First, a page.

not a single person is pounding the table

Only 16% of Nasdaq stocks are trading above their
200-day MA. Getting close to levels of prior market
bottoms (2002, 2009, 2018, 2020). Still won’t call it,
but if you like watching these indicators, here we are



Very rarely, once every couple of years or so, I find it necessary to write an extra issue of TDD because, well, things are moving fast.
So let’s talk about sentiment. This morning I said that we needed to see some contrition out of Cathie Wood before we made a tradable bottom. Boy, did we ever get it. She sold TSLA and bought GM, for starters. Then, later in the day, she said she was worried that we were going into a global recession.
Ding ding ding
Folks, if you don’t have conviction, you can borrow some of mine. This is the stuff that bottoms are made of. When the biggest bull capitulates, well, there you go.
And literally as I was writing that last paragraph, I got a sack dance email from a former subscriber who is really a horrible human being sack dancing over the tech names that I have held on the way down. Literally as I was writing the last paragraph. There are no such thing as coincidences.
Now, the reason I am writing this tonight because I want to talk about tomorrow morning with the CPI print. It goes without saying that there are a lot of shorts. If CPI comes in lower, holy cats is there going to be a rally. But here is the thing: if CPI comes in higher, there is also going to be a rally. In the old days, we used to call this the Costanza. Everyone who has sold or shorted has already done so, and they will be forced to cover.
It doesn’t matter what happens with CPI tomorrow—the market will rally.
Ok, I suppose if CPI prints 10% there might be trouble, but outside of that, this is one of the most asymmetric opportunities I have ever seen. If I were still on the ETF desk at Lehman Brothers, I would be quietly scooping up futures before the print.
So then the bounce begins. How high does it go? Well, we should really talk about that later, but one thing I will say about short-term trades is that they oftentimes turn into long-term trades. This happened during the pandemic. The market bounced about five percent, everyone thought it was over, and went back in to short again. And it went higher, and higher, for a year and a half.
It’s a bit too early to call, but this really might be the end of the selloff. I think there is a good chance.
No good trader goes all in on one single moment, and it probably makes sense to spread things out over a couple of days or weeks. But I have a sense we will be higher a couple of months from now.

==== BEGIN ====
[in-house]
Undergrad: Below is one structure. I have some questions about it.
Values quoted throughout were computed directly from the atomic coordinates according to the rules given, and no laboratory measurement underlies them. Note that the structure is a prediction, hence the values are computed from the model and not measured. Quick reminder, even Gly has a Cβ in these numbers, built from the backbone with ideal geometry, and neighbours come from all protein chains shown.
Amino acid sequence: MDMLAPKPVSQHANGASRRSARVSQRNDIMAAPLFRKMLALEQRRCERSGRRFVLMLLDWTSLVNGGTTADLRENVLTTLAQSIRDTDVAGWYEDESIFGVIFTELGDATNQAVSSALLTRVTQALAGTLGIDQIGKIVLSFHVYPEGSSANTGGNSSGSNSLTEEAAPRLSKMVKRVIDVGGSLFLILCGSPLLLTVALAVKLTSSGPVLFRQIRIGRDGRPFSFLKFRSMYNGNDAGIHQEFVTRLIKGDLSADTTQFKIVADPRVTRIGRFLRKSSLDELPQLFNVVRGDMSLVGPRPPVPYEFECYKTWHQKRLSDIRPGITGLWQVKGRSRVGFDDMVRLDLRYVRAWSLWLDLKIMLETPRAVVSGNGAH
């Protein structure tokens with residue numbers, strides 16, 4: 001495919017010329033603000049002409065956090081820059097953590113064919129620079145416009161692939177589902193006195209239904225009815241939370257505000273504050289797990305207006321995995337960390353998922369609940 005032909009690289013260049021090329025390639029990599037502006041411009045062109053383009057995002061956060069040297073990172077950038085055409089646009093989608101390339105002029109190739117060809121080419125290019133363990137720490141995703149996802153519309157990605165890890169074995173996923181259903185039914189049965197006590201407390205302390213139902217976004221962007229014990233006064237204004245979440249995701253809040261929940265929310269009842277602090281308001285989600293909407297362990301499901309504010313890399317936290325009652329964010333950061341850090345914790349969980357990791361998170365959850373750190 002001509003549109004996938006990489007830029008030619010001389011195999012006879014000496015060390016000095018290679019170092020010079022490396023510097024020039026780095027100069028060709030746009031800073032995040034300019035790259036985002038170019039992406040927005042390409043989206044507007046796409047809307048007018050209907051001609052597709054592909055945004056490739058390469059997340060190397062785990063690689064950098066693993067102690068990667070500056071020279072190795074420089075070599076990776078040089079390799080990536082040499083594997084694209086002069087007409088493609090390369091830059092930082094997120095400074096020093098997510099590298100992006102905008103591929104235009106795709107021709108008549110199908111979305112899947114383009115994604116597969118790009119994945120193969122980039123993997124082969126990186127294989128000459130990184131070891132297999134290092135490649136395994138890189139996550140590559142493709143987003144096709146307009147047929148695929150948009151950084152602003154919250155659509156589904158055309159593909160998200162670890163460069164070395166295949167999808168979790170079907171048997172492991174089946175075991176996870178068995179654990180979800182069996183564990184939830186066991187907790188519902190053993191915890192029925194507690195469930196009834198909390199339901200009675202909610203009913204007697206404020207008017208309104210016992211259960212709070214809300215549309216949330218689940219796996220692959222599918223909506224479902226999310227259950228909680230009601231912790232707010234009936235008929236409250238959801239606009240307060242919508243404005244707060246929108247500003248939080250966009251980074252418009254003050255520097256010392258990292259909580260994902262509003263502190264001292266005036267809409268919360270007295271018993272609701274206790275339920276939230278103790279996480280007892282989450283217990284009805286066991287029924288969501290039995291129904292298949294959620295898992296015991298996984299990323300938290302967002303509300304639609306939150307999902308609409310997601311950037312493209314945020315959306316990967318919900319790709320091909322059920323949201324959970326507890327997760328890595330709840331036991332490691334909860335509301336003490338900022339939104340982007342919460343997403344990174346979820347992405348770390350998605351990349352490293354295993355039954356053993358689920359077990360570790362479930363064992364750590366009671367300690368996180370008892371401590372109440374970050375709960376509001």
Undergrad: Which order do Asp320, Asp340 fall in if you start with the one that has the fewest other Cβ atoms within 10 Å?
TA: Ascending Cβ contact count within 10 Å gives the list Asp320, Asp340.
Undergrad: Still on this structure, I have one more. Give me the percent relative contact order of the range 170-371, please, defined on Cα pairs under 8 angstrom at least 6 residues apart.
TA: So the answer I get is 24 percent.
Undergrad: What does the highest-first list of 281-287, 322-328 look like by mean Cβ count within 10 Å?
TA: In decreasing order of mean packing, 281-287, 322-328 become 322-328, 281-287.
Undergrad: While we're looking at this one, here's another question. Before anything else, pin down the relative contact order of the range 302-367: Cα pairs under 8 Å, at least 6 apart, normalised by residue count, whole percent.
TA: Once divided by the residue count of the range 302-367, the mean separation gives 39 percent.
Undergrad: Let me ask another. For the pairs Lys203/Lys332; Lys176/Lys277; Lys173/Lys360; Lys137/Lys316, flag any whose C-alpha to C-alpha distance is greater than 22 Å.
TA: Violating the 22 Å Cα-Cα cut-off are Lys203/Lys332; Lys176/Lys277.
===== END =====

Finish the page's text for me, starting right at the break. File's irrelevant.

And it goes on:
I say all this at great reputational risk. Newsletter writers don’t usually stake their reputation on a single call. And I’m trying not to do that here. The last time I saw a setup like this was in March of 2008 when Bear Stearns collapsed. The market rallied 17% over the next three months, and cleaned out all the shorts before the real fun began.
Which means that, sure, we might have another leg lower in the bear market. Could happen. But the selling is probably done for now. That’s my shot, I just took it.


Cathie Wood… She sold TSLA and bought GM… This is the stuff that bottoms are made of. When the biggest bull capitulates

Isn’t capitulation when one does not switch horses any more but indiscriminately sells the whole stable?


I liked this post. Especially the last part about Bear Stearns. Bear came to mind with me yesterday as everyone was trying to explain what went wrong with Upstart.
Upstart was guilty of not disclosing all the loan balances they were holding. The ceo was on cnbc last night and didn’t want to acknowledge any wrong doing in holding that balance in loans. Similar to what Bear did in 2008. They were buying MBS debt while all the other firms were dumping MBS. They refused to think that they could be mistaken. Jimmy Caine (Bear)and Dave Girouard (Upstart), refused to think they could be wrong. The shareholders are left to suffer their losses, or maybe greed.
History does repeat itself.

AI Tech which upstart claims is the future, maybe true. But upstart was valued on their innovation and tech. It couldn’t handle a real world squeeze. Every financial firm is using AI. They don’t have a lock on the technology. Upstart didn’t want to be a bank. But they acted like one and lost.



Only 16% of Nasdaq stocks are trading above their
200-day MA…

Interesting to see the new valuation levels of cloud software companies, having fallen about 70% in the current slide.
Now they’re merely 50% more expensive on price/sales than they were five years ago!

I have no horse in that race.
But I always try to remain aware of the adage: never mistake the cycle for the trend.



Hi Jim,

Yes, it is interesting to see P/S coming down for SAAS. I wonder if this is an opportunity to buy or exit, assuming we are in a secular bear?

I have couple of SAAS stocks. Would be interested to hear your view on further contraction in P/S ratios for the SAAS stocks?

Now they’re merely 50% more expensive on price/sales than they were five years ago!

CAPE is making a return!